WELLINGTON (Reuters) - Centre Jack Goodhue had no hesitation in committing to New Zealand Rugby until the 2023 Rugby World Cup in France, with a major motivation being to get the All Blacks' hands back on the Webb Ellis trophy.
Goodhue, 25, was part of the All Blacks squad who were comprehensively beaten by England in last year's World Cup semi-finals before they thrashed Wales to finish third.
"My heart is in New Zealand," Goodhue told reporters in Christchurch on Thursday after New Zealand Rugby (NZR) announced he had also re-signed with the Canterbury Crusaders and his home province of Northland for another three years.
"Obviously to play again in another World Cup, a lot of things depend on that, but if my form is good in 2023, hopefully I get a chance to redeem what happened in 2019."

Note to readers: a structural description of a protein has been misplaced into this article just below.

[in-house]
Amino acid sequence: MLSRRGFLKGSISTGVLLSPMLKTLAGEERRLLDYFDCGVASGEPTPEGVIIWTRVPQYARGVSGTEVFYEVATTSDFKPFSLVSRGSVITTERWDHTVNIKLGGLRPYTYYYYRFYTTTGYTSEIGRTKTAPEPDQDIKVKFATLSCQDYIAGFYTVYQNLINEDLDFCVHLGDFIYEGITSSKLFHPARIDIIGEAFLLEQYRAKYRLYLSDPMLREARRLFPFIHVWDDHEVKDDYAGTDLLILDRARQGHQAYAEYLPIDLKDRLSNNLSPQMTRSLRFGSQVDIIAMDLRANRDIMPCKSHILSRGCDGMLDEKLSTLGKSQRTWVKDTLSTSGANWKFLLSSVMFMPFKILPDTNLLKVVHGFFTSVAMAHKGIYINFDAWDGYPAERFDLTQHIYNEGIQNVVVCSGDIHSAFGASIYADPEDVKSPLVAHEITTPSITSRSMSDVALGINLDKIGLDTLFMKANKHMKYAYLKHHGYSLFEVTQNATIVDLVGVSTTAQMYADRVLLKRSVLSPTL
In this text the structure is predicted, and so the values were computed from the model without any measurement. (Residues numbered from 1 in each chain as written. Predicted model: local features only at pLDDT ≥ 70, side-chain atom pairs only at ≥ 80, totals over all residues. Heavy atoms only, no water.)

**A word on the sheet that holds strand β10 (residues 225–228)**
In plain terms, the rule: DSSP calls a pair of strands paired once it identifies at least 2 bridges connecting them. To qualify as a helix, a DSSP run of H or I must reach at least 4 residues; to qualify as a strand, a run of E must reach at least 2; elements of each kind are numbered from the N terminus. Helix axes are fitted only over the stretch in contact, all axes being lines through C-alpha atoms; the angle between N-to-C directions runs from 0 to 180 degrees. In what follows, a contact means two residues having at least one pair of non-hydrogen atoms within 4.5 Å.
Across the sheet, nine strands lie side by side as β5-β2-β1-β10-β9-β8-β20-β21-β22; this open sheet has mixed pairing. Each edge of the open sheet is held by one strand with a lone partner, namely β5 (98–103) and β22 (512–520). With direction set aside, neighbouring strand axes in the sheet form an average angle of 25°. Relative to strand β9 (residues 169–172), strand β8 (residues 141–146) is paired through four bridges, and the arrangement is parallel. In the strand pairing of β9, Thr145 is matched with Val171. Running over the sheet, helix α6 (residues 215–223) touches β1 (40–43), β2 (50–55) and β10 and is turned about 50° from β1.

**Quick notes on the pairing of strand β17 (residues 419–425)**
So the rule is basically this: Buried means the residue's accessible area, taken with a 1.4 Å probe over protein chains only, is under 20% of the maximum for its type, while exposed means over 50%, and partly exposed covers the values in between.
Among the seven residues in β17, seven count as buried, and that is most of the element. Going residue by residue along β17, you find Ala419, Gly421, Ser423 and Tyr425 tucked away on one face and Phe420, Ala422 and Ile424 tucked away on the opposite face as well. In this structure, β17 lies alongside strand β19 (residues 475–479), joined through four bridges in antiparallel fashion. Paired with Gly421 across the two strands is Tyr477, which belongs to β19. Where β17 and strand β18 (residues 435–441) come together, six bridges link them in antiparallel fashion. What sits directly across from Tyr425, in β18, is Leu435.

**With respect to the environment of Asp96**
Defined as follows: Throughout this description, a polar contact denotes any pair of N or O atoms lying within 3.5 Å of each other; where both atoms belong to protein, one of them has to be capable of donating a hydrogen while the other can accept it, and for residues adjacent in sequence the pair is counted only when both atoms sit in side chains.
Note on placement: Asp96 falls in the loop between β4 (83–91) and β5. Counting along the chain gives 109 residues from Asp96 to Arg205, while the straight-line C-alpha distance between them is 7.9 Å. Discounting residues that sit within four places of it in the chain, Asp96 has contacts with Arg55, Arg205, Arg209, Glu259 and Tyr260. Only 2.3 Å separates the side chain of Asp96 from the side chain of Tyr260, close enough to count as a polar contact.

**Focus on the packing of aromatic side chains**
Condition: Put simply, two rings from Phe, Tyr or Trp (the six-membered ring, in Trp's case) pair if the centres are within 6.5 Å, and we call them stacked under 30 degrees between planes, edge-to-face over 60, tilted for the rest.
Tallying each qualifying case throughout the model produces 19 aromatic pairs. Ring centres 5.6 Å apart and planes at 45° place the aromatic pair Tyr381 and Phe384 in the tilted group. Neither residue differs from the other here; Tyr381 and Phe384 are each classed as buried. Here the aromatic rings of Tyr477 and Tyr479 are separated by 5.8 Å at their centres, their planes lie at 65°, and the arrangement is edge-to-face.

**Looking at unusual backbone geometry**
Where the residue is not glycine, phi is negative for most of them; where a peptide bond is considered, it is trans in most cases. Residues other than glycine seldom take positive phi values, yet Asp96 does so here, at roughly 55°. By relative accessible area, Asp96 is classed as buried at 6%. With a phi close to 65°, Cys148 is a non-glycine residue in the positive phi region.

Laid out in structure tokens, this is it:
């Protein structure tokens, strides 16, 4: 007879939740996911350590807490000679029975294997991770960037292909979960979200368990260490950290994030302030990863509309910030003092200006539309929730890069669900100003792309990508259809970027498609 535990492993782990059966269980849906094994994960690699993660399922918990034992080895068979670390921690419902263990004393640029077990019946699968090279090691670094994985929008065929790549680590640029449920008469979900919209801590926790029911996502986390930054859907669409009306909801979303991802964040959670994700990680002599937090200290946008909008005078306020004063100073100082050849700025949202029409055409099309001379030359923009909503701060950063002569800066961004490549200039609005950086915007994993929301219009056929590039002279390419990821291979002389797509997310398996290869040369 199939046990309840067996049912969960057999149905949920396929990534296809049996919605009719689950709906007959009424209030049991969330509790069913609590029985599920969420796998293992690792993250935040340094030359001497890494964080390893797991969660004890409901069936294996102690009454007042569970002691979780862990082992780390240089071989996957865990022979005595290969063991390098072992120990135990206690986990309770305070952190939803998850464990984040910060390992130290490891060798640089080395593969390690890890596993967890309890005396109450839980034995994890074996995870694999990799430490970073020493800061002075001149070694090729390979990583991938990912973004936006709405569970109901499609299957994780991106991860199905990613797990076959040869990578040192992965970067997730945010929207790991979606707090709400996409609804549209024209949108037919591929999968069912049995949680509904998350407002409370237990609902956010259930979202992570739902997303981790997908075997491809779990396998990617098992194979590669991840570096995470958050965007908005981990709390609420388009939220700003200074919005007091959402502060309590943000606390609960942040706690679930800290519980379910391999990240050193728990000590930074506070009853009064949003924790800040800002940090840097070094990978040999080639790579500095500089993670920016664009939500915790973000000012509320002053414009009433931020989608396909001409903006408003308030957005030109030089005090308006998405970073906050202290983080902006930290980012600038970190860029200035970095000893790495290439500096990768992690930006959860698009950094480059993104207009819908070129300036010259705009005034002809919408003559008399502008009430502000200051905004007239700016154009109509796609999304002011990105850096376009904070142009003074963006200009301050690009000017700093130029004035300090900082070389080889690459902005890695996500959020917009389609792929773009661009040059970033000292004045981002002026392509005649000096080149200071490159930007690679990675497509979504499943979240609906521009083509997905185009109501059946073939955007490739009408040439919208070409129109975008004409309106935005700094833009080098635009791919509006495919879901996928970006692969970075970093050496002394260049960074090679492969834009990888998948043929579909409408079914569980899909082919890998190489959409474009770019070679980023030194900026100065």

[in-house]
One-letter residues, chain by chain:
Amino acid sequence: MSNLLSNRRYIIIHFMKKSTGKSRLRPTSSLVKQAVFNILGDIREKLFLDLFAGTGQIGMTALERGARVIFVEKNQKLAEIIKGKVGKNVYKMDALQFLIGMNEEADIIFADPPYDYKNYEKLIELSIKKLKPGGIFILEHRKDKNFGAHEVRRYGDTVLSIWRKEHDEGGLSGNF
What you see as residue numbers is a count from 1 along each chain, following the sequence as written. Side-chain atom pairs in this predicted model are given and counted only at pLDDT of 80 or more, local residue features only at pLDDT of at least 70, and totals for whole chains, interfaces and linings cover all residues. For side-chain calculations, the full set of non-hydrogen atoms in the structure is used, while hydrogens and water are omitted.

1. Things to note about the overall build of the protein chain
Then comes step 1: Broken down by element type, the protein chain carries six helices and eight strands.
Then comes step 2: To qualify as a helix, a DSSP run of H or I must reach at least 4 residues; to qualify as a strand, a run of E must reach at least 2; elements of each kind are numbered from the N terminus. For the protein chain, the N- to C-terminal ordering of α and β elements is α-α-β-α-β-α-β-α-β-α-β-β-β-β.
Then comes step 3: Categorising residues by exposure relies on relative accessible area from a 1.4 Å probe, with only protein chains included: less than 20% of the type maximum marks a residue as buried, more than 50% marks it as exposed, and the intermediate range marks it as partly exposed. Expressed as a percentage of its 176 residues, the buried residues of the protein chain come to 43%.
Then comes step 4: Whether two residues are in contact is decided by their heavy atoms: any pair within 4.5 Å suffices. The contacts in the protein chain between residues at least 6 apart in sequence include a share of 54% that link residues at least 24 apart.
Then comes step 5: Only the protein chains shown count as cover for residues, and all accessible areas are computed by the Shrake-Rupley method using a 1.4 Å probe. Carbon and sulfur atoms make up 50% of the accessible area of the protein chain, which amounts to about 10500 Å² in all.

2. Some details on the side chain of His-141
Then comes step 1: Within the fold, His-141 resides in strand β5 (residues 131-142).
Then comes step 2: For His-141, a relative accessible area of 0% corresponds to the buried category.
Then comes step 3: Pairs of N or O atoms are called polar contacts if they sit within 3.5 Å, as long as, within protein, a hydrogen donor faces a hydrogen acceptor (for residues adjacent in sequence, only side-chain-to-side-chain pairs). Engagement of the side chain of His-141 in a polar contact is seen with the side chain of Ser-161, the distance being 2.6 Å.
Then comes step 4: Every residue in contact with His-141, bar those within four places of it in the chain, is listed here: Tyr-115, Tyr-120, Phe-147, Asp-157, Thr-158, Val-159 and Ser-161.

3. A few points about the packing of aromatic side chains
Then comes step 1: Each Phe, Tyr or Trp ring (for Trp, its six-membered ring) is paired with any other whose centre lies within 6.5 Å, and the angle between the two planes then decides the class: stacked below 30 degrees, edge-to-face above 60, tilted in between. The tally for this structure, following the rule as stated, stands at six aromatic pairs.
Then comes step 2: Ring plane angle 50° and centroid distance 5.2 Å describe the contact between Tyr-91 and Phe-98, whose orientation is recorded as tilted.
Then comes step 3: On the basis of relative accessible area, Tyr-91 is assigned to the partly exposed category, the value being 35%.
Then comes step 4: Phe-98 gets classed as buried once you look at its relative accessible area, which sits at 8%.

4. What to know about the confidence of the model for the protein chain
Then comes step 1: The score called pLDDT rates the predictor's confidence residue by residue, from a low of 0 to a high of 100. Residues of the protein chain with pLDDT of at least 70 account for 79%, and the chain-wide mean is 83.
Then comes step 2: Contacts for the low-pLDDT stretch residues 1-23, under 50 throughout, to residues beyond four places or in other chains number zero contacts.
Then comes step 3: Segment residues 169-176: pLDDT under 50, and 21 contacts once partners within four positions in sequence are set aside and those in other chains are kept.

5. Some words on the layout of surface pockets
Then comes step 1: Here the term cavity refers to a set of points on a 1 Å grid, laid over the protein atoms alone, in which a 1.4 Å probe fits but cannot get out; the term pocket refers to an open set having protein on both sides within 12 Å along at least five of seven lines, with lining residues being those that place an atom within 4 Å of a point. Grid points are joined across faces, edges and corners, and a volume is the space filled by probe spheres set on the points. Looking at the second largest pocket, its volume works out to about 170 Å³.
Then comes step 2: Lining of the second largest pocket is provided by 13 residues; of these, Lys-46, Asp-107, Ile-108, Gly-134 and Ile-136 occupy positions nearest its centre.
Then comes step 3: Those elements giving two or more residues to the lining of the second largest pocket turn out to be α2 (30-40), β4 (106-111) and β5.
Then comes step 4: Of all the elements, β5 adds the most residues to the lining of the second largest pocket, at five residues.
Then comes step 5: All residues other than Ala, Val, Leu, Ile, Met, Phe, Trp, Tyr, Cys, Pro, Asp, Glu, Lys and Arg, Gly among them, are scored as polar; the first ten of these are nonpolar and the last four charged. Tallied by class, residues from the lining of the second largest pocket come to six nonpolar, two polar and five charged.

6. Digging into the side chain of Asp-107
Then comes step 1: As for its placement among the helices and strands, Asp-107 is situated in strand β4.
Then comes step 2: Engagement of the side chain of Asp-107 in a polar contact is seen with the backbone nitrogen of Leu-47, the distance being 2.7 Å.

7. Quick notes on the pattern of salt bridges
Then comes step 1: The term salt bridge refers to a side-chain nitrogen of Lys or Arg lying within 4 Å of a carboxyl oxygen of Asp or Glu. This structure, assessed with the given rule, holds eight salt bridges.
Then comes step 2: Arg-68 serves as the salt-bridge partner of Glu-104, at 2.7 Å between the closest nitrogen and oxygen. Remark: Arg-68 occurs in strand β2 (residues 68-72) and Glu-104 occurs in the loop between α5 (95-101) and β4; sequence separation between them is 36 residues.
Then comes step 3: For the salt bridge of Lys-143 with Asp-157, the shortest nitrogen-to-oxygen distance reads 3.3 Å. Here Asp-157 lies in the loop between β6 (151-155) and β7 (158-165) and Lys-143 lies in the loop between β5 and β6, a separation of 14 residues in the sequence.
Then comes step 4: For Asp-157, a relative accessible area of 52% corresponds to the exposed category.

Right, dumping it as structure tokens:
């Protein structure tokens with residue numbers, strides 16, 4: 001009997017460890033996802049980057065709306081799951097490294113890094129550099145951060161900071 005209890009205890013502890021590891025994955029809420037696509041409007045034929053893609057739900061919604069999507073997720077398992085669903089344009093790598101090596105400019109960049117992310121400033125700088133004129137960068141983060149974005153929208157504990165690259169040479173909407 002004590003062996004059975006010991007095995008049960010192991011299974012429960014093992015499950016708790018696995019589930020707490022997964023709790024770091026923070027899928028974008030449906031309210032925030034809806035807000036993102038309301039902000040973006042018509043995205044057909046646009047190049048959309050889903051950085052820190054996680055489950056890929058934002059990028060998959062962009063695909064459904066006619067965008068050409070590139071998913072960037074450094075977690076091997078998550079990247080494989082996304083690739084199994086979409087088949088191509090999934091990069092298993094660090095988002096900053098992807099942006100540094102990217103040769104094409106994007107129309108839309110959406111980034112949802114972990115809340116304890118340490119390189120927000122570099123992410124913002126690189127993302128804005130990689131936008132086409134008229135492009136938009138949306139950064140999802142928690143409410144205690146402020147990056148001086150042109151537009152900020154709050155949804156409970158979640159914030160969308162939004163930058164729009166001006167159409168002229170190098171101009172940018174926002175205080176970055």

All Blacks coach Ian Foster has begun rebuilding for the 2023 tournament with seven new faces in his first squad named on Sunday and Goodhue was excited by the challenge for positions in the midfield.
"I know there are amazing midfielders coming through, like Peter Umaga-Jensen, Braydon (Ennor) is great, Rieko Ioane wants to play more midfield," Goodhue said.
"It's never going to be clear cut with finding yourself in that midfield starting position for the All Blacks."
Goodhue joined a number of All Blacks players - including Sam Whitelock, Brodie Retallick, Patrick Tuipulotu, Scott Barrett, Beauden Barrett and Anton Lienert-Brown - in committing to play in New Zealand.
"He (Goodhue) has grown immensely as a player since coming into our group in 2017 and has some real international experience under his belt which will serve him well," Foster said.
"He's also a growing leader in our team and we look forward to seeing how his influence grows both on and of field over the next few years."
(Reporting by Shrivathsa Sridhar in Bengaluru and Greg Stutchbury in Wellington; editing by Ed Osmond and Lincoln Feast)